The Giant Schnauzer should resemble, as nearly as possible, in general appearance, a larger and more powerful version of the Standard Schnauzer, on the whole a bold and valiant figure of a dog. Robust, strongly built, nearly square in proportion of body length to height at withers, active, sturdy, and well muscled. Temperament which combines spirit and alertness with intelligence and reliability. Composed, watchful, courageous, easily trained, deeply loyal to family, playful, amiable in repose, and a commanding figure when aroused. The sound, reliable temperament, rugged build, and dense weather-resistant wiry coat make for one of the most useful, powerful, and enduring working breeds.

Strong, rectangular in appearance, and elongated; narrowing slightly from the ears to the eyes, and again from the eyes to the tip of the nose. The total length of the head is about one-half the length of the back (withers to set-on of tail). The head matches the sex and substance of the dog. The top line of the muzzle is parallel to the top line of the skull; there is a slight stop which is accentuated by the eyebrows.

Skull--(Occiput to Stop). Moderately broad between the ears: occiput not too prominent. Top of skull flat; skin unwrinkled.

Cheeks--Flat, but with well-developed chewing muscles; there is no "cheekiness" to disturb the rectangular head appearance (with beard).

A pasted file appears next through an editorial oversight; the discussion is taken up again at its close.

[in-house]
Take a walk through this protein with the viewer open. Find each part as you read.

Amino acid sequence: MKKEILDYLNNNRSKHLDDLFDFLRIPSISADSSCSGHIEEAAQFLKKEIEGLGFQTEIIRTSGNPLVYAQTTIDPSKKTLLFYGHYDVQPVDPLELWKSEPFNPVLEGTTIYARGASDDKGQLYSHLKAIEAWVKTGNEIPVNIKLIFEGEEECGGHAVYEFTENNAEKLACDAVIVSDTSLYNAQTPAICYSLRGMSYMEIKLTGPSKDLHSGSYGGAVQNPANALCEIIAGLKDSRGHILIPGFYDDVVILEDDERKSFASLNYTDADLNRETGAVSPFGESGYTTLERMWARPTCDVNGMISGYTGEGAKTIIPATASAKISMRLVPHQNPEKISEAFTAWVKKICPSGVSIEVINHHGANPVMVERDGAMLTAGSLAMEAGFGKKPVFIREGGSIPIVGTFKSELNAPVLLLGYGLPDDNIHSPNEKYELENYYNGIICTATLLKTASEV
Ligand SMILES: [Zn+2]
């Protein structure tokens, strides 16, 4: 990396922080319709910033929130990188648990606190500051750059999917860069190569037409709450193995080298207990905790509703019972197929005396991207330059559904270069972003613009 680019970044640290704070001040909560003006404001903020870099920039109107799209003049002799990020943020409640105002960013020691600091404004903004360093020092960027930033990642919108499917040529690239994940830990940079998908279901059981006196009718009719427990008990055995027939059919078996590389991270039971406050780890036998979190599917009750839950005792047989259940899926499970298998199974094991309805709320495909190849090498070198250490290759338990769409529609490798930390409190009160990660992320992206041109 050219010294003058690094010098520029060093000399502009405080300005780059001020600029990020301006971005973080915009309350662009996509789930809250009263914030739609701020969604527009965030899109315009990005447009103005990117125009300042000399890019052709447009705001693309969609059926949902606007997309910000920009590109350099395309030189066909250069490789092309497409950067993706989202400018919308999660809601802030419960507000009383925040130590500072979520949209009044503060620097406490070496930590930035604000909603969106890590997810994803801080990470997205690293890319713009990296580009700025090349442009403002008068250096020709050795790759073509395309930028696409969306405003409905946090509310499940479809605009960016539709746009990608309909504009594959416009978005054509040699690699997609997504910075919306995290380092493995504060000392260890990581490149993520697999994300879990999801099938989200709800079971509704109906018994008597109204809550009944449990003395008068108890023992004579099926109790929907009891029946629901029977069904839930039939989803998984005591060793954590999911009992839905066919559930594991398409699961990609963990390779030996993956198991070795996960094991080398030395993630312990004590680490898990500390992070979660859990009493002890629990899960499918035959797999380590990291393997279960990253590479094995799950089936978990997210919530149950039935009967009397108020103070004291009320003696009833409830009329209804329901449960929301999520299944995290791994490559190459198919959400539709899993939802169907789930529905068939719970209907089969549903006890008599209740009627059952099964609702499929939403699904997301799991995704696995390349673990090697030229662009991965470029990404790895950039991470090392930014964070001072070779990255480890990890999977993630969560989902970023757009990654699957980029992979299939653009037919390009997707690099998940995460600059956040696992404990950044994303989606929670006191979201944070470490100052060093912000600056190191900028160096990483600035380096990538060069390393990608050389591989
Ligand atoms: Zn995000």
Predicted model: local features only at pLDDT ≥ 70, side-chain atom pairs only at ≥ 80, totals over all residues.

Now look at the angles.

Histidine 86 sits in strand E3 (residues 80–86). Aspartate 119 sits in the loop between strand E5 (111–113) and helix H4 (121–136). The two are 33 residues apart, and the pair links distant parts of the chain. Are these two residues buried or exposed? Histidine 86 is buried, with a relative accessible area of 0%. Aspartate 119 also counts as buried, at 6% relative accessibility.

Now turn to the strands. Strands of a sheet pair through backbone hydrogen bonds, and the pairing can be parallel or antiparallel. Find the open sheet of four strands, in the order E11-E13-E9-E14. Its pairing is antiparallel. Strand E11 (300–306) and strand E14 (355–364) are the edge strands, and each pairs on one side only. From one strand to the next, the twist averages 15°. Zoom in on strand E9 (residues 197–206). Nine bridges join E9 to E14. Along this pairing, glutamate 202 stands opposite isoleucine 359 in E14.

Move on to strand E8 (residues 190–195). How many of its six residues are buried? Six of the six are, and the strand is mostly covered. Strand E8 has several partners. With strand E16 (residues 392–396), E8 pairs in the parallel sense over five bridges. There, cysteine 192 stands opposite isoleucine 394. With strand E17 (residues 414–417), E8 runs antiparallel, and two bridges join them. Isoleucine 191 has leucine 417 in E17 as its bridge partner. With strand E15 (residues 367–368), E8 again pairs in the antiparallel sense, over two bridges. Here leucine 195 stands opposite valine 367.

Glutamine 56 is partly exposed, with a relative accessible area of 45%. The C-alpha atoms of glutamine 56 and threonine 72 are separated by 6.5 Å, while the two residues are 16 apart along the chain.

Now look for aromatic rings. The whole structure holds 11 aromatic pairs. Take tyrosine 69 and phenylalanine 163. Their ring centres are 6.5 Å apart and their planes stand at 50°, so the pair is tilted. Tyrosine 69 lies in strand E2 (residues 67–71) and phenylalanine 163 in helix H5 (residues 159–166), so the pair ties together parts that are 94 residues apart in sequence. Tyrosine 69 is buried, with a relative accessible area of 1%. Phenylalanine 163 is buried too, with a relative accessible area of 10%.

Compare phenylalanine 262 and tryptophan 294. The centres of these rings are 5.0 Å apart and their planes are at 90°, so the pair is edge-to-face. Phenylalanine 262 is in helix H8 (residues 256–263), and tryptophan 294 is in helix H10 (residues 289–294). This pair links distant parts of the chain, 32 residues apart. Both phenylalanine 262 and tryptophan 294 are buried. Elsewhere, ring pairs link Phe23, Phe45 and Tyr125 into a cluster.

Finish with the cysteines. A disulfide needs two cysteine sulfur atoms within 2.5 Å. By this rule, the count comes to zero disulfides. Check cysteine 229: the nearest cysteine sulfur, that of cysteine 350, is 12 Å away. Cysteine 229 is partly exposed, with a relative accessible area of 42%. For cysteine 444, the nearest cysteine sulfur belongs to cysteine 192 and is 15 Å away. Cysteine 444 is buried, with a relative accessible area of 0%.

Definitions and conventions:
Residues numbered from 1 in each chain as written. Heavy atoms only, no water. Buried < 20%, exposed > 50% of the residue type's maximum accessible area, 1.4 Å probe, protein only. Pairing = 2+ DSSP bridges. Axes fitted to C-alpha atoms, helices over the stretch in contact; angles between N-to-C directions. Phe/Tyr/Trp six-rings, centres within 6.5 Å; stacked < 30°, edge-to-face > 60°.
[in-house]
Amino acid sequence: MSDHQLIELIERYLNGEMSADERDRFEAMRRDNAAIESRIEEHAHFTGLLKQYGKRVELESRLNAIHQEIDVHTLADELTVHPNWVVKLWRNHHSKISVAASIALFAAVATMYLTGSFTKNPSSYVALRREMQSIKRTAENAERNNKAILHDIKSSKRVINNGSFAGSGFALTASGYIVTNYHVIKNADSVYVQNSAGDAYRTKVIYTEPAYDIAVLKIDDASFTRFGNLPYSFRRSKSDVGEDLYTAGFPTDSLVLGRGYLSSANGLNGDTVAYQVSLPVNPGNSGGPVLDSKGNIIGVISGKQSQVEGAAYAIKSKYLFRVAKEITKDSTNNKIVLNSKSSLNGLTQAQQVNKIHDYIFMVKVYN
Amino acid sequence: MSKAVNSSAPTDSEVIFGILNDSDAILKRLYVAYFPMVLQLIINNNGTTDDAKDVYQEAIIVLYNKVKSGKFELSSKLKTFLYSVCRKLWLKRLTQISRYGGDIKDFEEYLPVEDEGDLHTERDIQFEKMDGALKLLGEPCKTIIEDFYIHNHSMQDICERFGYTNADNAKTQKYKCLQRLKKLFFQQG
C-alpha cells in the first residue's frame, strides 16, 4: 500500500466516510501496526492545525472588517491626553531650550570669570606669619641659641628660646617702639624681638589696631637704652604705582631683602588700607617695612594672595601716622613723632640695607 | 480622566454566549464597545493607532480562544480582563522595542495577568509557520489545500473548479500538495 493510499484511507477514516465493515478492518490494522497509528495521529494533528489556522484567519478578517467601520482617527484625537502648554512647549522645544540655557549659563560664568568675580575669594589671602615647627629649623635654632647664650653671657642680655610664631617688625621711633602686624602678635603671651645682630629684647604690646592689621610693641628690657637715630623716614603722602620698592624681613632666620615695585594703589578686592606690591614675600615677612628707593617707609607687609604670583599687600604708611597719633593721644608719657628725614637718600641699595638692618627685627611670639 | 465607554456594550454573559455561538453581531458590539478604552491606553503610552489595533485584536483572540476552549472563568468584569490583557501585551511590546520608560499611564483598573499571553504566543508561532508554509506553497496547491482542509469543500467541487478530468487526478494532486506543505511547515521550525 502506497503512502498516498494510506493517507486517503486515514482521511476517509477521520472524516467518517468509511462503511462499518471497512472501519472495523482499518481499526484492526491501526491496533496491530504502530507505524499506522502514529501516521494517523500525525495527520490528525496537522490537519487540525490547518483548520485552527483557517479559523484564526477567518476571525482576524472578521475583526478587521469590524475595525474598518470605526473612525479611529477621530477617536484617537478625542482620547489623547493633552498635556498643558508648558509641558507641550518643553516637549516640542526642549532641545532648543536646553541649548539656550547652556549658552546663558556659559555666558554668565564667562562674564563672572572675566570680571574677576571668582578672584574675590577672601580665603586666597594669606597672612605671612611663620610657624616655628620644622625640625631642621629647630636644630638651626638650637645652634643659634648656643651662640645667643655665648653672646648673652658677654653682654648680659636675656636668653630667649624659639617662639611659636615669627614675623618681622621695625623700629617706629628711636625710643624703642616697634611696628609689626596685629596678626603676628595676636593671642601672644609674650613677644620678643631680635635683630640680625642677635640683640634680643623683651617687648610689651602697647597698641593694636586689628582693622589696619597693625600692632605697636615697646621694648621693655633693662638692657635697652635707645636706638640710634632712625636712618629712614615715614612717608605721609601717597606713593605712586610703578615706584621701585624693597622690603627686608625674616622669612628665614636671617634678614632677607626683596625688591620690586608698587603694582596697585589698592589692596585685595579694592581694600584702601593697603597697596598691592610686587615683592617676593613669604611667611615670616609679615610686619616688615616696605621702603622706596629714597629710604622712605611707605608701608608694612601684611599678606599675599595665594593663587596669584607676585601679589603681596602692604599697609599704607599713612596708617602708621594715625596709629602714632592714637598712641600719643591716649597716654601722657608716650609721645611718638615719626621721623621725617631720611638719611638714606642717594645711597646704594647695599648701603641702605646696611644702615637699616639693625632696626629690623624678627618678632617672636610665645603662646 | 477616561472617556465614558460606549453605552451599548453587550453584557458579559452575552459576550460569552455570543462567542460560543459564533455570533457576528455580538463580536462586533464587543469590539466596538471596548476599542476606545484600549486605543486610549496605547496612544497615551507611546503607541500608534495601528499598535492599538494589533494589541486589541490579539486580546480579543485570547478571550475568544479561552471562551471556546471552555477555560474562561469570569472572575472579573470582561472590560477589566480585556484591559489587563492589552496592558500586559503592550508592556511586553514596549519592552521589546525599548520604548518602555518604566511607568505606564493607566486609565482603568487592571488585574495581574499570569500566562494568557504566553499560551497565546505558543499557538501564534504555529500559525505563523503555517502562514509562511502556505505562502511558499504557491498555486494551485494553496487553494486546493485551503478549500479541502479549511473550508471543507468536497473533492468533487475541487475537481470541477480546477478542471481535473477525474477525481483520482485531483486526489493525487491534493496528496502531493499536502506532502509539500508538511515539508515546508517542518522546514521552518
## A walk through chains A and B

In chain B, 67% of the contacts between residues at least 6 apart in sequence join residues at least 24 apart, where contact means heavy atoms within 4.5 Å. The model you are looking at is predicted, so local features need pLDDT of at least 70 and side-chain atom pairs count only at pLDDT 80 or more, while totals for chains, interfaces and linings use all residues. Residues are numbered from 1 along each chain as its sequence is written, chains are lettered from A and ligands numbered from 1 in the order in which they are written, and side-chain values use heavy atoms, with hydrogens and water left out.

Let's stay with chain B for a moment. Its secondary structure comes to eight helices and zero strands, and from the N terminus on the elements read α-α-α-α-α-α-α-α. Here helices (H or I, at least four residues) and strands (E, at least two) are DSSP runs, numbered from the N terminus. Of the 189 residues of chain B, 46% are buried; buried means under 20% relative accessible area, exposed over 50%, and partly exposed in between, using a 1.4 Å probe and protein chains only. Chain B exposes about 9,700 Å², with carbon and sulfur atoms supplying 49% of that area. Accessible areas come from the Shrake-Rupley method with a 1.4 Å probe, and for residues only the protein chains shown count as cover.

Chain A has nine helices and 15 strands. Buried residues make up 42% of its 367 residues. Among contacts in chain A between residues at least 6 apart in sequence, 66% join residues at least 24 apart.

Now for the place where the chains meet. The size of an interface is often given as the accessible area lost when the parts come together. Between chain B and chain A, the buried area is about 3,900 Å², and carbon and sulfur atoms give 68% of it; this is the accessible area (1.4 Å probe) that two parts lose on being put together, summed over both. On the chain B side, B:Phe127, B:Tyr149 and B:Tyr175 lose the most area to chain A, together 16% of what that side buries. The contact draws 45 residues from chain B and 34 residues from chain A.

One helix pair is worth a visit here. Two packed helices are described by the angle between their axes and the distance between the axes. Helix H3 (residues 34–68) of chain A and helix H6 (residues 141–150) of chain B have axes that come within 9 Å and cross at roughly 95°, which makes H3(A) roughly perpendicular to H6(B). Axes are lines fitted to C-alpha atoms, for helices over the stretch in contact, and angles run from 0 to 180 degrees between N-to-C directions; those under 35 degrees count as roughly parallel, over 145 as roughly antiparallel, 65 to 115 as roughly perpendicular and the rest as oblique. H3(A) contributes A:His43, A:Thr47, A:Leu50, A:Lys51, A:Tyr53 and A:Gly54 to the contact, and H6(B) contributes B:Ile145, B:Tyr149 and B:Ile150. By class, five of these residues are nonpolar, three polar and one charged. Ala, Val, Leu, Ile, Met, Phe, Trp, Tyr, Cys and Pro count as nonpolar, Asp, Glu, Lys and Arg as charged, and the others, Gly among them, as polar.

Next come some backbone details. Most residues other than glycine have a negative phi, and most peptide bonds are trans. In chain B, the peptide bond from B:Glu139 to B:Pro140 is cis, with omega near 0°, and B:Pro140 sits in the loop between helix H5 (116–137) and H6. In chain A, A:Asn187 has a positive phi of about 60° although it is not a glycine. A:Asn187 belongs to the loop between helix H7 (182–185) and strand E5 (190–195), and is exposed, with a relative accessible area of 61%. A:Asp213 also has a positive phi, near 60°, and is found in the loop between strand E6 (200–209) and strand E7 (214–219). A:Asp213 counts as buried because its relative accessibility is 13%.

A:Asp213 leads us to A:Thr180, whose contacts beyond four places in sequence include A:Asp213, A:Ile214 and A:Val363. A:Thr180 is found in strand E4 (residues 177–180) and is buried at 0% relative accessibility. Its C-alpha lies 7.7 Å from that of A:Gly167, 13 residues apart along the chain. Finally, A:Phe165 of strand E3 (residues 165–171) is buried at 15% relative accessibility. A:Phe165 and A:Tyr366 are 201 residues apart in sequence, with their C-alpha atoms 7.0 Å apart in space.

Muzzle--Strong and well filled under the eyes; both parallel and equal in length to the topskull; ending in a moderately blunt wedge. The nose is large, black, and full. The lips are tight, and not overlapping, black in color.

Bite--A full complement of sound white teeth (6/6 incisors, 2/2 canines, 8/8 premolars, 4/6 molars) with a scissors bite. The upper and lower jaws are powerful and well formed.  Disqualifying Faults--Overshot or undershot.

Ears-- When cropped, identical in shape and length with pointed tips. They are in balance with the head and are not exaggerated in length. They are set high on the skull and carried perpendicularly at the inner edges with as little bell as possible along the other edges. When uncropped, the ears are V-shaped button ears of medium length and thickness, set high and carried rather high and close to the head.

Eyes--Medium size, dark brown, and deep-set. They are oval in appearance and keen in expression with lids fitting tightly. Vision is not impaired nor eyes hidden by too long eyebrows.